Professor Kishore Mahbubain, currently the Dean and Professor of Practice of Public Policy at the Singapore University, is one shining example of a well educated and successful Singaporean. He was born in Singapore in 1948, a Sindhi and was awarded a scholarship and then graduated from the University of Singapore (NSU) with a degree in philosophy and later obtained a MA degree from Dalhousie University in Canada. He joined Singapore foreign services in 1971 and eventually became the permanent representative to the United Nation for Singapore. While at UN, he met and married Ann King Markey, an American lawyer, and served as the President of the UN Security Council. Professor Mahbubani has written several books, Can Asians Think?, Beyond the Age of Innocence, Rebuilding Trust between America and the World, The New Asian Hemisphere, The Great Convergence: Asia, the West and the Logic of One World and his latest book, Can Singapore Survive?. Professor Mahbubani was selected as one of the top 100 global thinkers by Foreign Policy in 2010 and 2011 and as Prospect's top 50 world thinkers.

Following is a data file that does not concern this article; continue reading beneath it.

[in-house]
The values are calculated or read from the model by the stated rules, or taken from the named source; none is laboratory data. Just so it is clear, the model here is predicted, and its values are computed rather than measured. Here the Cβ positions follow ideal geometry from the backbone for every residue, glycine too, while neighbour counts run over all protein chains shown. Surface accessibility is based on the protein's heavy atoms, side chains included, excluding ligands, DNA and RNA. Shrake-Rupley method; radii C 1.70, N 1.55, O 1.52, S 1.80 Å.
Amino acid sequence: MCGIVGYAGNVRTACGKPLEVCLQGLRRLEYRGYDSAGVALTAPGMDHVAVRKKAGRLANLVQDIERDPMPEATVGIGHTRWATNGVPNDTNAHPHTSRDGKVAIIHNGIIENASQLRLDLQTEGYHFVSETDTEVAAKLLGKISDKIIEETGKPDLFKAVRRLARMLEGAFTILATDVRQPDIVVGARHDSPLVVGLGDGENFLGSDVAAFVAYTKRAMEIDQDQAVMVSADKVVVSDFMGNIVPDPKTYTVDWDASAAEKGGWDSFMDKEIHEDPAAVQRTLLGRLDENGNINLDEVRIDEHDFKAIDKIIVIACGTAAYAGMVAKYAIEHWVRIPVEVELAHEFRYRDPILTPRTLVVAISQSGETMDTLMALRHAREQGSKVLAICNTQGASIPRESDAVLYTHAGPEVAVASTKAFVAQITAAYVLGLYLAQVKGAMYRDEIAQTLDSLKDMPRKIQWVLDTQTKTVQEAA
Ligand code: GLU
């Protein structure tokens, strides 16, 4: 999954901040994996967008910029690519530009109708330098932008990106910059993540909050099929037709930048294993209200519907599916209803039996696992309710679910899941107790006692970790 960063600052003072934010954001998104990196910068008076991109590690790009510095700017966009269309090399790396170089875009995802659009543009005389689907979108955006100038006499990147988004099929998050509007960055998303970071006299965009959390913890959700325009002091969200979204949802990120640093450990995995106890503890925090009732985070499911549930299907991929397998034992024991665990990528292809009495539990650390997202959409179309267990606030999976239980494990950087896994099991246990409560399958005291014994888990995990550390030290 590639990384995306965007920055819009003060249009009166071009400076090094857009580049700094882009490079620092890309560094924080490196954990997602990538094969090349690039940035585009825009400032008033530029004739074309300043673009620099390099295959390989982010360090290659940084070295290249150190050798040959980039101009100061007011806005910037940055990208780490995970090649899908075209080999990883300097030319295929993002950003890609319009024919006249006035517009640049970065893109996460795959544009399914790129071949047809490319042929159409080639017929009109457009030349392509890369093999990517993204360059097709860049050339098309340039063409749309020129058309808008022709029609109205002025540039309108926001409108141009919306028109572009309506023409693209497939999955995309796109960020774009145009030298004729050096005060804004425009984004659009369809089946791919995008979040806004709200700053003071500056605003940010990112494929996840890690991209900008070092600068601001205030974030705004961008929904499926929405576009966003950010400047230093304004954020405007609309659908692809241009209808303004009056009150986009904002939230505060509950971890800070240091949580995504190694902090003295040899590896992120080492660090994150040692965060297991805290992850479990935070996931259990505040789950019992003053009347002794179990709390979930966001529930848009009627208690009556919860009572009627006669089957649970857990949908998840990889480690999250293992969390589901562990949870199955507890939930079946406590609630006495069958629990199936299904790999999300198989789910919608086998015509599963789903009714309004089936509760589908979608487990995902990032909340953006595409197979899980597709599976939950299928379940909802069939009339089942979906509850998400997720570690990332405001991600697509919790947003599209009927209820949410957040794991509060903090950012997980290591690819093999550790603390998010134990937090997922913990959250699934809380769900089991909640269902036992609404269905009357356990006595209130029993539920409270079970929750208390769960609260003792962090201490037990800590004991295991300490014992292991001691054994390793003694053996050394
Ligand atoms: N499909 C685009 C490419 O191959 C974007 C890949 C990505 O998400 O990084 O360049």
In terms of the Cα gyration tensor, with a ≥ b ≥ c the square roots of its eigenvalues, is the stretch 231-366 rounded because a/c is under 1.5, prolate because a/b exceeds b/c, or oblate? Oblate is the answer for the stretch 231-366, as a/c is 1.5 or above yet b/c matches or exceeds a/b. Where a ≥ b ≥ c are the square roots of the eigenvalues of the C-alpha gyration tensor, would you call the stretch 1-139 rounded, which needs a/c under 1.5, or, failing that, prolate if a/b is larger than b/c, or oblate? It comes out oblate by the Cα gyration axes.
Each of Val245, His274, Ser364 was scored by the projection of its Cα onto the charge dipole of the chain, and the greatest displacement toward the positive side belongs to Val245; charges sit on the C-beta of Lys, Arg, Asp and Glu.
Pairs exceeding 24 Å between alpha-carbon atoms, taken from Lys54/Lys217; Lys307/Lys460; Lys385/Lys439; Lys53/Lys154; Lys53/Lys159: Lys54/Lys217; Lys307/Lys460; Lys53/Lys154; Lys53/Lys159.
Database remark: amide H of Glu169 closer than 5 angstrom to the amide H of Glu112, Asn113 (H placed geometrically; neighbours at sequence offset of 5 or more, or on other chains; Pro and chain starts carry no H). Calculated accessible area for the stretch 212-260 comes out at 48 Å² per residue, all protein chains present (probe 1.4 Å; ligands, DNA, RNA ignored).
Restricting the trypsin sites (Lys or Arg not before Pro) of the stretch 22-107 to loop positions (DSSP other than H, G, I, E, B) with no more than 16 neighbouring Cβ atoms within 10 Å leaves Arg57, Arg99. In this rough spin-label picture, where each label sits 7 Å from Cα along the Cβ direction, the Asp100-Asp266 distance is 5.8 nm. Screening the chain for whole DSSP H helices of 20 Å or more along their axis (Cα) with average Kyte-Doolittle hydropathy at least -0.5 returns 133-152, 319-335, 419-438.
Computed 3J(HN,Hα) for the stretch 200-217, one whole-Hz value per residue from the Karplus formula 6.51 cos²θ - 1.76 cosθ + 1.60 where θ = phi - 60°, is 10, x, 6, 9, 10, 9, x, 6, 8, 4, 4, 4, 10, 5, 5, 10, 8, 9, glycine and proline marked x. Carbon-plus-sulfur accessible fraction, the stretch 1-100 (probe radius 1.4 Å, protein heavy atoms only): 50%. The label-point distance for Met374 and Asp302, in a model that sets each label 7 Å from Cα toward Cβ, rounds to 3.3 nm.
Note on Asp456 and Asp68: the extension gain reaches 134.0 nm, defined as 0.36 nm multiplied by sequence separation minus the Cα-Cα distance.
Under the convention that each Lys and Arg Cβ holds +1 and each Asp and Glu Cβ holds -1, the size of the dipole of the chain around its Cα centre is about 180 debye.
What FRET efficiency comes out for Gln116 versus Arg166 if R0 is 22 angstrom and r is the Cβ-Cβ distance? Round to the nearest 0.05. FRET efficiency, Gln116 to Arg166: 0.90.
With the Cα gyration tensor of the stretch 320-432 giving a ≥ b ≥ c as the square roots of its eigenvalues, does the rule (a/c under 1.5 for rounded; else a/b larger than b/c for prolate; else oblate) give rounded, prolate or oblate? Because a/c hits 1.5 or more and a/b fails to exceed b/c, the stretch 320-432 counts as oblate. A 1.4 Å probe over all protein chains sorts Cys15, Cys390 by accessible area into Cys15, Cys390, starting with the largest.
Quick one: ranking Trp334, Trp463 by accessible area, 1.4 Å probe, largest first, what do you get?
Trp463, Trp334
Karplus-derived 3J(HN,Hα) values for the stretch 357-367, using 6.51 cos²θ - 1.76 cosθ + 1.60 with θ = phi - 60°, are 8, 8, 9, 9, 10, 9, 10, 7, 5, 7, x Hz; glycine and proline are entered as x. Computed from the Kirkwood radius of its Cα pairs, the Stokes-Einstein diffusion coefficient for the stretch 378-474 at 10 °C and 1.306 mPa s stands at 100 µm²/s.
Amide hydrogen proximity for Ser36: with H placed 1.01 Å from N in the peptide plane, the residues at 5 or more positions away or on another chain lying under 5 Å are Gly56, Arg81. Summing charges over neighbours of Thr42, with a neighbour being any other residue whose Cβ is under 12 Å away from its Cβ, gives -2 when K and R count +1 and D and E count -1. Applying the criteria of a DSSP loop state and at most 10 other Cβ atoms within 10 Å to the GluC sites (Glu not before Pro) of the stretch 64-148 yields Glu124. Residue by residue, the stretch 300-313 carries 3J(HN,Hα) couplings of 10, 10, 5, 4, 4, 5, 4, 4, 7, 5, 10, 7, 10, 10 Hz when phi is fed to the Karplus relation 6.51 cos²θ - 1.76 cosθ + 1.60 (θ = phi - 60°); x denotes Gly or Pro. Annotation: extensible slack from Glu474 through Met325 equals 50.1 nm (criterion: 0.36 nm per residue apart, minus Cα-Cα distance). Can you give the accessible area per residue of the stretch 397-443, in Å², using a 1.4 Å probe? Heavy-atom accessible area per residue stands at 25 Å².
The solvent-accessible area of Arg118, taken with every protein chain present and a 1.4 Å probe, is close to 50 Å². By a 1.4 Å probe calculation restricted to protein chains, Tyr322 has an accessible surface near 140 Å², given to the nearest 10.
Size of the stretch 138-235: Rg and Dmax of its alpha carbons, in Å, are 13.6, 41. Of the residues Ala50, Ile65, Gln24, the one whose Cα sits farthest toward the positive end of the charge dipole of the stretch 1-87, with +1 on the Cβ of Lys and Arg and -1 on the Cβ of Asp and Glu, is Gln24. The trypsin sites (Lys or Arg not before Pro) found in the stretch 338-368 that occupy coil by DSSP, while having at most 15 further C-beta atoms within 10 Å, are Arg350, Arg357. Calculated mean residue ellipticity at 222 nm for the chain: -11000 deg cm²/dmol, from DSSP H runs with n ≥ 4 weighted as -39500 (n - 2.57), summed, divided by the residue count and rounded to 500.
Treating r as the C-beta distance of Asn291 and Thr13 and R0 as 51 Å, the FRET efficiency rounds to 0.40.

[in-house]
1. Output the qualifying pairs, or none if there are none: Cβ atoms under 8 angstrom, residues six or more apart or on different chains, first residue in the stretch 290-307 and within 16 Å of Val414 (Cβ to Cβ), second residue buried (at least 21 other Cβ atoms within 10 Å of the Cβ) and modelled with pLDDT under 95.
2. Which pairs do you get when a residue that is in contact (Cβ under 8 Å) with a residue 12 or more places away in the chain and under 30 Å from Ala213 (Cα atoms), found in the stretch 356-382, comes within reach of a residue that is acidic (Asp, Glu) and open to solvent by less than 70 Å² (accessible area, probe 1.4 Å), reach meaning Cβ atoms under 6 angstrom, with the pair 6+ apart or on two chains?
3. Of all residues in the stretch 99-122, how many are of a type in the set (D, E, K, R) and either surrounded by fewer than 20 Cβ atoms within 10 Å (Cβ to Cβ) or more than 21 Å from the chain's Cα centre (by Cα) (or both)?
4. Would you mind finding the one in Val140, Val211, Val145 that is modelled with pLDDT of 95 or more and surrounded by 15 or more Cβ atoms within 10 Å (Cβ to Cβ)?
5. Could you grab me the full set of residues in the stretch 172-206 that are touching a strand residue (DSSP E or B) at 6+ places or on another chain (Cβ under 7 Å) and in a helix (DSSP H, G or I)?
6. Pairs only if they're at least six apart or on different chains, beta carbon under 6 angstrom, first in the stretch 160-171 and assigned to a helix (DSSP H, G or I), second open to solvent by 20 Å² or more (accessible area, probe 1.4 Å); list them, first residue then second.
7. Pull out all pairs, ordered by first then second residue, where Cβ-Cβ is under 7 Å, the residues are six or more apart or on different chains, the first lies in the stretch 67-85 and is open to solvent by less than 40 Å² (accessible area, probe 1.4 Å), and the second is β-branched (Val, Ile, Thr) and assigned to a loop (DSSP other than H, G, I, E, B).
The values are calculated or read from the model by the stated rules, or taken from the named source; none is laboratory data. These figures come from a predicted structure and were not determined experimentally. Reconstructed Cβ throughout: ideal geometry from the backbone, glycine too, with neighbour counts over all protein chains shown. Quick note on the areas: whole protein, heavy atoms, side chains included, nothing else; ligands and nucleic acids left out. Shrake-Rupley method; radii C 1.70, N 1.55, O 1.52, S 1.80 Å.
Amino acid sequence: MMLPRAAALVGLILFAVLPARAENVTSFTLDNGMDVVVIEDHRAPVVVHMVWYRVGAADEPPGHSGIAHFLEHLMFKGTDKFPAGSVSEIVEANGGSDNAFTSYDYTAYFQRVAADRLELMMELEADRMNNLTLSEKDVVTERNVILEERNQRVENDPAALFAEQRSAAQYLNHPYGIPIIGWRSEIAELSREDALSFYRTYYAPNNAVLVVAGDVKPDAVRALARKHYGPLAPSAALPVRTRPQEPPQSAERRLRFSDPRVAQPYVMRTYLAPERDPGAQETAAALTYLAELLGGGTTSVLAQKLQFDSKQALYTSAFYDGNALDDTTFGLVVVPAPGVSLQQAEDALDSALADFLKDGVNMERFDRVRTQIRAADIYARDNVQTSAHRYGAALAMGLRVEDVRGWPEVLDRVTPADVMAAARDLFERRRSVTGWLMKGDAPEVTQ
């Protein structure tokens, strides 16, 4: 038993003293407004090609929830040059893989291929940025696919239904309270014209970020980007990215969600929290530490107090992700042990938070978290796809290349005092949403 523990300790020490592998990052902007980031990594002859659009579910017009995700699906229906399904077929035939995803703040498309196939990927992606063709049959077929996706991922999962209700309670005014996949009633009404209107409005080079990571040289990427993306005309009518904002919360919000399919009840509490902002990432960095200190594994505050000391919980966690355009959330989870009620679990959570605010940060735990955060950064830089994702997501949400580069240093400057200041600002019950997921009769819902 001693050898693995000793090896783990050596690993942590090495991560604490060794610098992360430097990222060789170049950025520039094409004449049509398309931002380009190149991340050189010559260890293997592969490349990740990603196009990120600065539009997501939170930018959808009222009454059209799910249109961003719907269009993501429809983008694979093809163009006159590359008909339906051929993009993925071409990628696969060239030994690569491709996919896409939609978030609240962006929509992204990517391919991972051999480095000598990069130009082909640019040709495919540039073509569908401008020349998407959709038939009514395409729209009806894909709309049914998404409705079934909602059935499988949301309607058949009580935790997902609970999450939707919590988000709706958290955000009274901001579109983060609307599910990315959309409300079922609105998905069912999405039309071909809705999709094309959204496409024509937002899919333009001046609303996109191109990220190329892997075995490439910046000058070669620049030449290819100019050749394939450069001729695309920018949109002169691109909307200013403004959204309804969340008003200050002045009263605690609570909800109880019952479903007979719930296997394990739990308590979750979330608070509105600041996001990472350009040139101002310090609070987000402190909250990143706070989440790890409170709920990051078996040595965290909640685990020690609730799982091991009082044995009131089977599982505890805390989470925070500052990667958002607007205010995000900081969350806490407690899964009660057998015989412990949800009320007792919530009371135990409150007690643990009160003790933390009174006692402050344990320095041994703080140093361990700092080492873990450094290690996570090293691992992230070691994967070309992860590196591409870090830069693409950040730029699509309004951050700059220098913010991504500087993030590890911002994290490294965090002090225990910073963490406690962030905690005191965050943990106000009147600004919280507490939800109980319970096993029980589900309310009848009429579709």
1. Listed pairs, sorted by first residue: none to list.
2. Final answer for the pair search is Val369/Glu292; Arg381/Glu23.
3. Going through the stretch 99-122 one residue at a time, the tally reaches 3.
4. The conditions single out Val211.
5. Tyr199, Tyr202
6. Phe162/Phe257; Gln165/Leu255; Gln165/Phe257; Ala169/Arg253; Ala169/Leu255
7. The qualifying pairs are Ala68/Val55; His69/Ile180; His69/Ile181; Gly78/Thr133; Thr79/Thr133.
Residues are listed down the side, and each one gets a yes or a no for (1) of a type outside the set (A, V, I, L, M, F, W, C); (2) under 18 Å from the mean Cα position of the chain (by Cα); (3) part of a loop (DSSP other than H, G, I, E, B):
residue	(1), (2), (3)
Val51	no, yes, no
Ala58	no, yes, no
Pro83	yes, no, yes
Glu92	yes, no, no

There is a good reason that I am presenting such details about Professor Mahbubani. Mahbubani has been an observer of the changing tide in Asian and Western politics. In my opinion, he has correctly criticized the West that their practice of the value they are pressing on to the rest of the world such as democracy, the rule of law and social justice including American culture unfortunately anchored on 'money' and 'sex' is corrupted in many ways. The system of global politics and international institutions such as the United Nations and IMF are created to benefit the West not fair to the rising Asian powers. He claims that though the West may be fearful of Asia's rise, it should accept them and co-operate. Prof. Mahbubani is largely supportive of China like Lee Kuan Yew (a Chinese Singaporean) but he is a Sindhi Singaporean with a life-time diplomatic career associated with the UN. Lee and Mahbubani both understood China's method of globalization and implied that China is doing everything right to become an even more powerful nation. Prof. Mahbubani has given many lectures including a recent one, entitled, What Happens When China Becomes Number One (4-9-2015), at the Kennedy School of Government Institute of Politics, where he discussed the future US-China relation. His views inspire and resonate with mine thus I will summarize and comment on them here.